Input       Signals       IM3(30kHz)   IM3(300kHz)
 level       S-meter        S-meter      S-meter
 (dBm)        (dB)            (dB)         (dB)
   0          140             ***          82.2
  -5          135             71.3         66.8
 -10          130             59.0         51.8
 -15          124.9           39.0         36.9
 -20          120.0           25.6         22.0
 -25          114.9           14.9          7.2
 -30          110.0            1.5         -7.0
Table 4. Signals and third order intermodulation products. The levels are from the Linrad S-meter. Levels above 124.9 are extrapolated.

The third order intercept point can be obtained from the data in table 4:

IP3(30kHz) = +26dBm
IP3(300kHz) = +29dBm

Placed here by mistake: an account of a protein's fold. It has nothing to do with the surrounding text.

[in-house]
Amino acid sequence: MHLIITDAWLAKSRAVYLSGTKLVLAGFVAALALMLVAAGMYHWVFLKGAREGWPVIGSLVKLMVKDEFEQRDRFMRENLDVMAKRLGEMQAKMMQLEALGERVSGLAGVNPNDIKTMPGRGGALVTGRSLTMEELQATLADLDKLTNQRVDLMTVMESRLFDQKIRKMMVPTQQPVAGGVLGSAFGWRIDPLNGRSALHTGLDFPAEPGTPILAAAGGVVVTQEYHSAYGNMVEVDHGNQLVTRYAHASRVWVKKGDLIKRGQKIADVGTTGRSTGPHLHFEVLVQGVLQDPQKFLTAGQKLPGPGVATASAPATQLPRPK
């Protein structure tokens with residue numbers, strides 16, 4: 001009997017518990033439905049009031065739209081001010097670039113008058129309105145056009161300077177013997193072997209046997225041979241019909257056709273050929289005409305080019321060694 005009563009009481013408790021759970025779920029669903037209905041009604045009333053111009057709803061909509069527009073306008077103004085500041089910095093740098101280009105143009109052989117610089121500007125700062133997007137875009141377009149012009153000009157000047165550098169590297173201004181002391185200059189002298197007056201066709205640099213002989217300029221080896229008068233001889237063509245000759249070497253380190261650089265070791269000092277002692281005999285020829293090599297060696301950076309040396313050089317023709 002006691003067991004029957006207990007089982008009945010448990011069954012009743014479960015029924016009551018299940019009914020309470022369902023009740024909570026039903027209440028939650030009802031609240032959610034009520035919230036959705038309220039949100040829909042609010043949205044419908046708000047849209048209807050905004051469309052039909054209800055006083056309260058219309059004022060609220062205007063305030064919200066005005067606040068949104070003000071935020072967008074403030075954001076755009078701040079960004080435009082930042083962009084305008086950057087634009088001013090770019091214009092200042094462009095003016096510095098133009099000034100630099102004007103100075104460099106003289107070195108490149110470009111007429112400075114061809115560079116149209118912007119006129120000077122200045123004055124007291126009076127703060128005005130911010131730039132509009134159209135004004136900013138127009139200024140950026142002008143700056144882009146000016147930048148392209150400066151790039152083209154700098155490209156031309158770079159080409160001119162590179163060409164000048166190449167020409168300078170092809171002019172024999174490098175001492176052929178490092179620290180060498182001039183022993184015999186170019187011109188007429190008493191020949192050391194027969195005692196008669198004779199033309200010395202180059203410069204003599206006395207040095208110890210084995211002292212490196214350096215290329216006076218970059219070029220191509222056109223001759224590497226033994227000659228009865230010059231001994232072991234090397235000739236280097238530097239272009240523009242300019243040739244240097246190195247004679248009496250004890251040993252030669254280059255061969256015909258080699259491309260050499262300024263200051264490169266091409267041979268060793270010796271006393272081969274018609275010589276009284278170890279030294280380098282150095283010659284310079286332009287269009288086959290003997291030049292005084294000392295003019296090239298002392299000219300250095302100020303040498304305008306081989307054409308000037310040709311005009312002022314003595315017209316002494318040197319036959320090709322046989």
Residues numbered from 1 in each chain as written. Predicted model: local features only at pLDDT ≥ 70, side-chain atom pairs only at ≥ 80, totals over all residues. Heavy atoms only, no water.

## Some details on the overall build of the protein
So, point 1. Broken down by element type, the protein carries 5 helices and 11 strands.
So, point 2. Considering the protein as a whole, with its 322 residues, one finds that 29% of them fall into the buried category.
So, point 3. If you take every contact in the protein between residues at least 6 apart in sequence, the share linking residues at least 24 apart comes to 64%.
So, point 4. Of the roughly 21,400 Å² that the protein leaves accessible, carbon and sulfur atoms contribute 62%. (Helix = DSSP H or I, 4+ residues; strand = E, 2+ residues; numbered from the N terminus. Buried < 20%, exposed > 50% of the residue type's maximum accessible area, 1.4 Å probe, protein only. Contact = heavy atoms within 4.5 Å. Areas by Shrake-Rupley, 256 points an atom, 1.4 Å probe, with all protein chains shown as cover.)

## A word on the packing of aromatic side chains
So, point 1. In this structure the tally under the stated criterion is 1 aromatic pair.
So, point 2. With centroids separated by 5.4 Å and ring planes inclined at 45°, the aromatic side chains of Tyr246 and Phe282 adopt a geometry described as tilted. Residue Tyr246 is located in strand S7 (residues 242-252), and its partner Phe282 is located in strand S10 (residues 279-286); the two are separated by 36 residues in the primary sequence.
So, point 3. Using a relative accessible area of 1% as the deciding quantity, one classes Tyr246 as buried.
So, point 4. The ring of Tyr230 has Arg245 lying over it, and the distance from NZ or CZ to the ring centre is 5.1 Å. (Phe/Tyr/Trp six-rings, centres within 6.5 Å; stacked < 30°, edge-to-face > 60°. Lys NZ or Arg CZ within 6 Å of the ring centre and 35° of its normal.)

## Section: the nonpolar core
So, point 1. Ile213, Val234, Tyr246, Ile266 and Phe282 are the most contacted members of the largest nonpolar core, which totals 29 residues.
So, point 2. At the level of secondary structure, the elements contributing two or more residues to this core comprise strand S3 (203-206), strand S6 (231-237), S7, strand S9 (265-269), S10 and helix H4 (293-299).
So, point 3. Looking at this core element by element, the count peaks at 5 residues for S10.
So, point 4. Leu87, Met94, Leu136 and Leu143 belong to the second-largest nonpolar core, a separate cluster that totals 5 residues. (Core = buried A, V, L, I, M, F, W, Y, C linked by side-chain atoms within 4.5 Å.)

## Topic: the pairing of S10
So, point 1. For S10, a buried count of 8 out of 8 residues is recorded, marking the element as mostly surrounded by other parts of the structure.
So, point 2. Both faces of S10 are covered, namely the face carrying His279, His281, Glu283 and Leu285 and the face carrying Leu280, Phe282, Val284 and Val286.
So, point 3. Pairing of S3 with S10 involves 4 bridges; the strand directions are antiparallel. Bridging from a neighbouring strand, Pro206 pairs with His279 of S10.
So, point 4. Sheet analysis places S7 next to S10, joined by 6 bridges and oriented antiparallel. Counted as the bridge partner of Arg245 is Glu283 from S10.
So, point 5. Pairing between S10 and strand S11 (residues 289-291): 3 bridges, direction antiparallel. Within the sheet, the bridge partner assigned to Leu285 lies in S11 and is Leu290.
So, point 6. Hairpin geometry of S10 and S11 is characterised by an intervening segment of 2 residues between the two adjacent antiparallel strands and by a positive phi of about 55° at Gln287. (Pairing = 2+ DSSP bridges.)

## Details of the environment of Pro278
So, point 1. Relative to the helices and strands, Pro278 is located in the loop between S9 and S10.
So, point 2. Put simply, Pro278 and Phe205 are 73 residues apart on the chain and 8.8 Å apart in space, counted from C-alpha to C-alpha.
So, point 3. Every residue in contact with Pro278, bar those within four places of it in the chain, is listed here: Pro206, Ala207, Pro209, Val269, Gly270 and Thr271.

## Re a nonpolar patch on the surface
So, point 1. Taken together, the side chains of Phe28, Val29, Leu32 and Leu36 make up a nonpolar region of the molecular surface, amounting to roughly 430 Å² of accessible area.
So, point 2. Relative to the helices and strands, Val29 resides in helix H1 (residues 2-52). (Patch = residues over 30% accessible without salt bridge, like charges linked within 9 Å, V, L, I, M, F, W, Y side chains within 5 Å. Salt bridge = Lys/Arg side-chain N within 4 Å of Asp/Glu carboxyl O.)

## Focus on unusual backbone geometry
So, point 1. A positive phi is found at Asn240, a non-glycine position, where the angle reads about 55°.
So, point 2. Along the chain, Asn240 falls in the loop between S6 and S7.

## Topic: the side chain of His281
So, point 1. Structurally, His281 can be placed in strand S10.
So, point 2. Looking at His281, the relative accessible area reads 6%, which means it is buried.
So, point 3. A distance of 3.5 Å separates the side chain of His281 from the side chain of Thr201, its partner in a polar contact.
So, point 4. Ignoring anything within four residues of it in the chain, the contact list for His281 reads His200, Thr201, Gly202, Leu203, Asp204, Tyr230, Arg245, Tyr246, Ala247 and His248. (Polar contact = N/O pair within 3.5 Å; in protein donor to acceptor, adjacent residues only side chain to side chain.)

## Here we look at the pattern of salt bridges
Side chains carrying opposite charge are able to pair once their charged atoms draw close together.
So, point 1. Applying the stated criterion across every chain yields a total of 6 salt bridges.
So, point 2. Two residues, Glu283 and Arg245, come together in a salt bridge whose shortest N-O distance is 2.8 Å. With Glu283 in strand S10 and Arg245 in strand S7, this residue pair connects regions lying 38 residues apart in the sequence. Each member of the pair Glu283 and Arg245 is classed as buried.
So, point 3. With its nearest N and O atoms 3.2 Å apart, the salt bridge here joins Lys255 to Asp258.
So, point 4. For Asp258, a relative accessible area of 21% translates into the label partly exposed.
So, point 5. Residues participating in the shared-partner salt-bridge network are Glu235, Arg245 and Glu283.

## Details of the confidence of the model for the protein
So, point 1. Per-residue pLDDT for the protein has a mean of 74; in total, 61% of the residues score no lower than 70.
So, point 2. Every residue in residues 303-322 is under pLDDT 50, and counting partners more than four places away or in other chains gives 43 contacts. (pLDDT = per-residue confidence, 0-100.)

Compared to the RX10700 + RX2500 + Delta44 combination, adding the RX70 converter degrades the third order intercept point by 7dB while the noise figure is degraded by 1 dB. The total loss of intermodulation free dynamic range is thus 8 dB. By replacing the J310 FETs with a GaAs FETs it would be possible to improve the mixer IP3 from about 31dBm to about 40dBm according to i.e. U.Rohde QEX Jan/Feb 2003 p 27. I have made a few experiments with MGF1302 GaAs FETs but they were not encouraging. With IP3 = 29dBm at a noise figure of 15dB the IM3 free dynamic range in 500 Hz bandwidth is 107 dB. This is good enough for my needs, the J310 mixer is just about good enough to match the sideband noise of the crystal oscillators. Improving the RX70 mixer will not make any significant improvement to the two signal dynamic range, table 5 above, so I see no reason to replace the J310 transistors.